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Every Rose Has Its Thorn - and Its Japanese Beetles

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What's metallic, has six legs, and is ruining your prized roses? You guessed it - the Japanese beetle. These insects have been plaguing gardens around the country since the early 1900s, and they're back for more this summer.

3 things you should know about Japanese beetles

Japanese beetles make meals of more than 400 plant species, including rose bushes, crape myrtles, and Japanese maples (go figure). Swarms of these half-inch long beetles will eat the tissue between leaf veins, skeletonizing your leaves. But don't think they'll ignore the flowers and fruit of your trees and bushes - Japanese beetles are happy to feast on those, too.

There are three aspects of Japanese beetles in particular that make them such an annoyance: Japanese beetles feed on more than 400 plant species, including roses.

  1. Japanese beetles don't have any natural enemies in the U.S.
    Back in Japan, where these beetles originated, there are plenty of natural enemies to keep populations under control. The beetles aren't much of a threat there. Unfortunately for your landscape, when Japanese beetles were brought over to the U.S. in 1916, those natural predators didn't come with them.
  2. Japanese beetles have a high reproduction rate.
    Although adult beetles have a relatively short life span (30-45 days on average), the females lay eggs every 1-2 days during the feeding period. They can end up laying about 40-60 eggs! So, if you're seeing Japanese beetles this year, there's a good chance you'll see them again next year.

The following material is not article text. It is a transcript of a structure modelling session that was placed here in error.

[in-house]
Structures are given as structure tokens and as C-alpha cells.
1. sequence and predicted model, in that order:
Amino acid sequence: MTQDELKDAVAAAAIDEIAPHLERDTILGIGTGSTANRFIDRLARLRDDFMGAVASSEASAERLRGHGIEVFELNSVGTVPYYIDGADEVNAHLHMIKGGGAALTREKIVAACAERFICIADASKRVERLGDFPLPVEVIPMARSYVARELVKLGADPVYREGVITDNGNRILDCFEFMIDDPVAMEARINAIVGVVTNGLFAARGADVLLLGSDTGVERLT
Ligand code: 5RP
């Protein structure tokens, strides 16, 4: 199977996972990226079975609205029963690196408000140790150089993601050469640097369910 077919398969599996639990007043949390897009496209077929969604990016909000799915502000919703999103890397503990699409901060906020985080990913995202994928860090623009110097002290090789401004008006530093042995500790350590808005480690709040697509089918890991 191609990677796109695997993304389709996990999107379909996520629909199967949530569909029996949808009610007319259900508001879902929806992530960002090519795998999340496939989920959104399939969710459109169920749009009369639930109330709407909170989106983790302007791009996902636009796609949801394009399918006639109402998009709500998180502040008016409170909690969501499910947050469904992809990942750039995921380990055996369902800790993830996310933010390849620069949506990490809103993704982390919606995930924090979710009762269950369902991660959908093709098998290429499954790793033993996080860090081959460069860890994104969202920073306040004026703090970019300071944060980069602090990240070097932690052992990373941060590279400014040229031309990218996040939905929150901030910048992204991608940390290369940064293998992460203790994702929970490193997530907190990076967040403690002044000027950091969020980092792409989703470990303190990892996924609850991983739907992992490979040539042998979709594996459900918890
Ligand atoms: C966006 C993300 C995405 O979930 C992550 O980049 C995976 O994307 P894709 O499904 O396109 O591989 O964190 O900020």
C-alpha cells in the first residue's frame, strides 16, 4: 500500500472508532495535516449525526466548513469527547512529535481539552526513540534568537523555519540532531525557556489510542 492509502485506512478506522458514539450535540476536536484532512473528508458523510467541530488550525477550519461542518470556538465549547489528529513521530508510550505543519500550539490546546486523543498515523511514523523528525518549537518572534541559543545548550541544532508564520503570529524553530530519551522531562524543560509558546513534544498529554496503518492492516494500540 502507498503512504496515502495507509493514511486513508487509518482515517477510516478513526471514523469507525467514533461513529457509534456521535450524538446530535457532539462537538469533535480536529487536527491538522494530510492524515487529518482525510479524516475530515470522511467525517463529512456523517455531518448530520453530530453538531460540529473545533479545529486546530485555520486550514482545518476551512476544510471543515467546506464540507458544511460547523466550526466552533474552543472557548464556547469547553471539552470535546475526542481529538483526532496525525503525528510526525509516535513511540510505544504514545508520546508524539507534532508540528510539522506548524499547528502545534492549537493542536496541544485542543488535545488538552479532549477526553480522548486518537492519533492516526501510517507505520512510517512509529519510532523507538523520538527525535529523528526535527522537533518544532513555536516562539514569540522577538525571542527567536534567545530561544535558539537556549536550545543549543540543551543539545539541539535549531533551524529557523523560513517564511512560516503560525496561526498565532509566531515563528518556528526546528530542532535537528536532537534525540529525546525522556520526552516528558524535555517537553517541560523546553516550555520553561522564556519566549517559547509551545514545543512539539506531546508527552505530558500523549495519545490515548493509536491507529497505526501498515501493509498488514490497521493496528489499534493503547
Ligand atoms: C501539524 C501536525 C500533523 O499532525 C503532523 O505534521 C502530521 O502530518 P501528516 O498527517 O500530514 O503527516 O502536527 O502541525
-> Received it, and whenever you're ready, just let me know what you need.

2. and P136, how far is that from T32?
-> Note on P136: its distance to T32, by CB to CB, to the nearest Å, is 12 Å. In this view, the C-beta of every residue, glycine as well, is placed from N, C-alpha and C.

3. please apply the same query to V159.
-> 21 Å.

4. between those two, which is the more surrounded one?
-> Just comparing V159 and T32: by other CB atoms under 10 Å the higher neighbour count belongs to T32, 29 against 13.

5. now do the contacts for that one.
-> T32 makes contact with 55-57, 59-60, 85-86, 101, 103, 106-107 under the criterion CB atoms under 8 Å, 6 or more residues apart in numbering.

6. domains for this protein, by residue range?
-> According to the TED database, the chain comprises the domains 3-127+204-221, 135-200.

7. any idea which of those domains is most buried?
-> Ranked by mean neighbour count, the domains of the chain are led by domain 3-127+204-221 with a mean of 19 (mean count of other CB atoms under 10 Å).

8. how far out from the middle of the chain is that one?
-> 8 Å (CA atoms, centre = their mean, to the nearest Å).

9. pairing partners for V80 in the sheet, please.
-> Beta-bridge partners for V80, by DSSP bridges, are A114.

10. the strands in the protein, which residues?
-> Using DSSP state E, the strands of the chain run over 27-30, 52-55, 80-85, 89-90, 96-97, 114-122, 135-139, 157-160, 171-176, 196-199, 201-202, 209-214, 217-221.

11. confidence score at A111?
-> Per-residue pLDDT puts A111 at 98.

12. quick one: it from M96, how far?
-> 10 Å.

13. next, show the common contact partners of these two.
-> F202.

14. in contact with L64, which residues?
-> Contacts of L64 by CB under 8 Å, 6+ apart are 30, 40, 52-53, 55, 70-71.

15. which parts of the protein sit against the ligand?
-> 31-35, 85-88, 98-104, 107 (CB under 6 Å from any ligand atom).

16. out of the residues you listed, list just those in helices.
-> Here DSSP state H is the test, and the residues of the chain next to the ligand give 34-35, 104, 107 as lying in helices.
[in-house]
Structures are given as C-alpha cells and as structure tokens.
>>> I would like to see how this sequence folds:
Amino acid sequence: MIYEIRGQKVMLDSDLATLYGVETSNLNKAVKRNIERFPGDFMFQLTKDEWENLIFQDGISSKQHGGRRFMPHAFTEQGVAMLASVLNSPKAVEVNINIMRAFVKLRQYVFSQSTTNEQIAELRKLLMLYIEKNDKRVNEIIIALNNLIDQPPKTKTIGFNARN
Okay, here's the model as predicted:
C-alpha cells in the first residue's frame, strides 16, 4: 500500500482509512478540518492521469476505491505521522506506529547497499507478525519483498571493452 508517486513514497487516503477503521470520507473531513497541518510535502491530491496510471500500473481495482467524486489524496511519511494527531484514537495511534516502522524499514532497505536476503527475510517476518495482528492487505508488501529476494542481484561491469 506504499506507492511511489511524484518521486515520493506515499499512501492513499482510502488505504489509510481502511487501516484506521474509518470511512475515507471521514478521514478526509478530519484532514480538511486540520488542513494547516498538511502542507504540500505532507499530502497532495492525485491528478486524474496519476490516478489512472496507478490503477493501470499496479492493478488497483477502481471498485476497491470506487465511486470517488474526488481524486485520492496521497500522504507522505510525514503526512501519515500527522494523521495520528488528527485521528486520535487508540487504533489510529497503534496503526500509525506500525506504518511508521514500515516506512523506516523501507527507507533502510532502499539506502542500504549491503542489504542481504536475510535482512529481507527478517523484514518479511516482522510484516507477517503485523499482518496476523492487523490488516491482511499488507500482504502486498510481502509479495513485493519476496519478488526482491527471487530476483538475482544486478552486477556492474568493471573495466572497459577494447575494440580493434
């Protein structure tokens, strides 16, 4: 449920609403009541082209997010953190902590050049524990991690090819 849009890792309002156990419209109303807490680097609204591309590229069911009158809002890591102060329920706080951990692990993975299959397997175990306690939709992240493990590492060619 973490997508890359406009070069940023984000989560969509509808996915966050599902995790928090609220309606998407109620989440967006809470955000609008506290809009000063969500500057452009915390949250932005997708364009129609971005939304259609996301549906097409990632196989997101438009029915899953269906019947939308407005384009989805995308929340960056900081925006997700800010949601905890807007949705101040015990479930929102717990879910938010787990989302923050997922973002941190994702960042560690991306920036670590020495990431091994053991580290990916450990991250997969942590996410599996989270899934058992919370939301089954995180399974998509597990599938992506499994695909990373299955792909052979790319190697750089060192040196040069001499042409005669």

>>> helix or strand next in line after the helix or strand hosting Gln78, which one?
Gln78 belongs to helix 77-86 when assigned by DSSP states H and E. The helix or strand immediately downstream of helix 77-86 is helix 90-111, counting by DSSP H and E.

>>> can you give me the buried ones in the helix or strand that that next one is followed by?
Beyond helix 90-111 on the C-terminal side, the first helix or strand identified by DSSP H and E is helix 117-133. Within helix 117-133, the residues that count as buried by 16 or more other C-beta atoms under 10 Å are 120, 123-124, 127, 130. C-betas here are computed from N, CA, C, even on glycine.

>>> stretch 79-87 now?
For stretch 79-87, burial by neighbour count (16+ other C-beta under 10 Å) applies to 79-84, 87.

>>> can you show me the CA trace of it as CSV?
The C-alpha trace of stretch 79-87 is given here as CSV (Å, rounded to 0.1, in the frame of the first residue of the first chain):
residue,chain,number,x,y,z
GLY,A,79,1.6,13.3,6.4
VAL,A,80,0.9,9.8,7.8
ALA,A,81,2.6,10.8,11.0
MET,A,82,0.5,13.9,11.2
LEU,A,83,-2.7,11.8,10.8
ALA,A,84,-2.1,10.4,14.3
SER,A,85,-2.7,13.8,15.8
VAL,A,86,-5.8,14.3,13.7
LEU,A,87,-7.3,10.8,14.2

3. Japanese beetle larvae, called grubs, can ruin your lawn.
    According to the Arbor Day Foundation, grubs are the country's most pervasive turf pest. These white, worm-like critters get their nutrients by eating plant roots, including grass roots. Because of a compromised root system, the plants can't absorb water and die. So, that may be the reason why there are brown patches in your lawn.

As if brown spots in your lawn isn't enough, large grub populations can also attract predators like skunks and raccoons that may dig up your turf looking for a meal.

Japanese beetles have no natural enemies in the U.S.

Japanese beetle remedies

Although Japanese beetles can ruin the look of your trees and shrubs, they rarely kill them. But they may weaken your plants over time, making them prone to secondary pest infestations or diseases.

You can't post gorgeous pictures of your crape myrtle or rose bush with those pesky metallic beetles hogging the spotlight, so what can you do to get rid of them?

If you're looking for a free Japanese beetle control solution, you can always just knock the beetles off your plants and into a bucket of soapy water. This solution is most effective early in the season when you first catch sight of the beetles. That way, they won't get a chance to send out signals to other beetles that your garden is a good place to eat. Japanese beetles aren't as active in the early morning or late evening, so knock them off then.

If you'd rather let the pros handle it, Carolina Tree Care has you covered. Our state-licensed applicators can use professional-grade products to lower the population in your yard. Depending on your situation and the time of year, we may apply foliar spray, soil-injection, and/or basal bark spray treatments.

 

It's time to end the reign of those small shiny beetles. Get in touch with us today to discuss your options.

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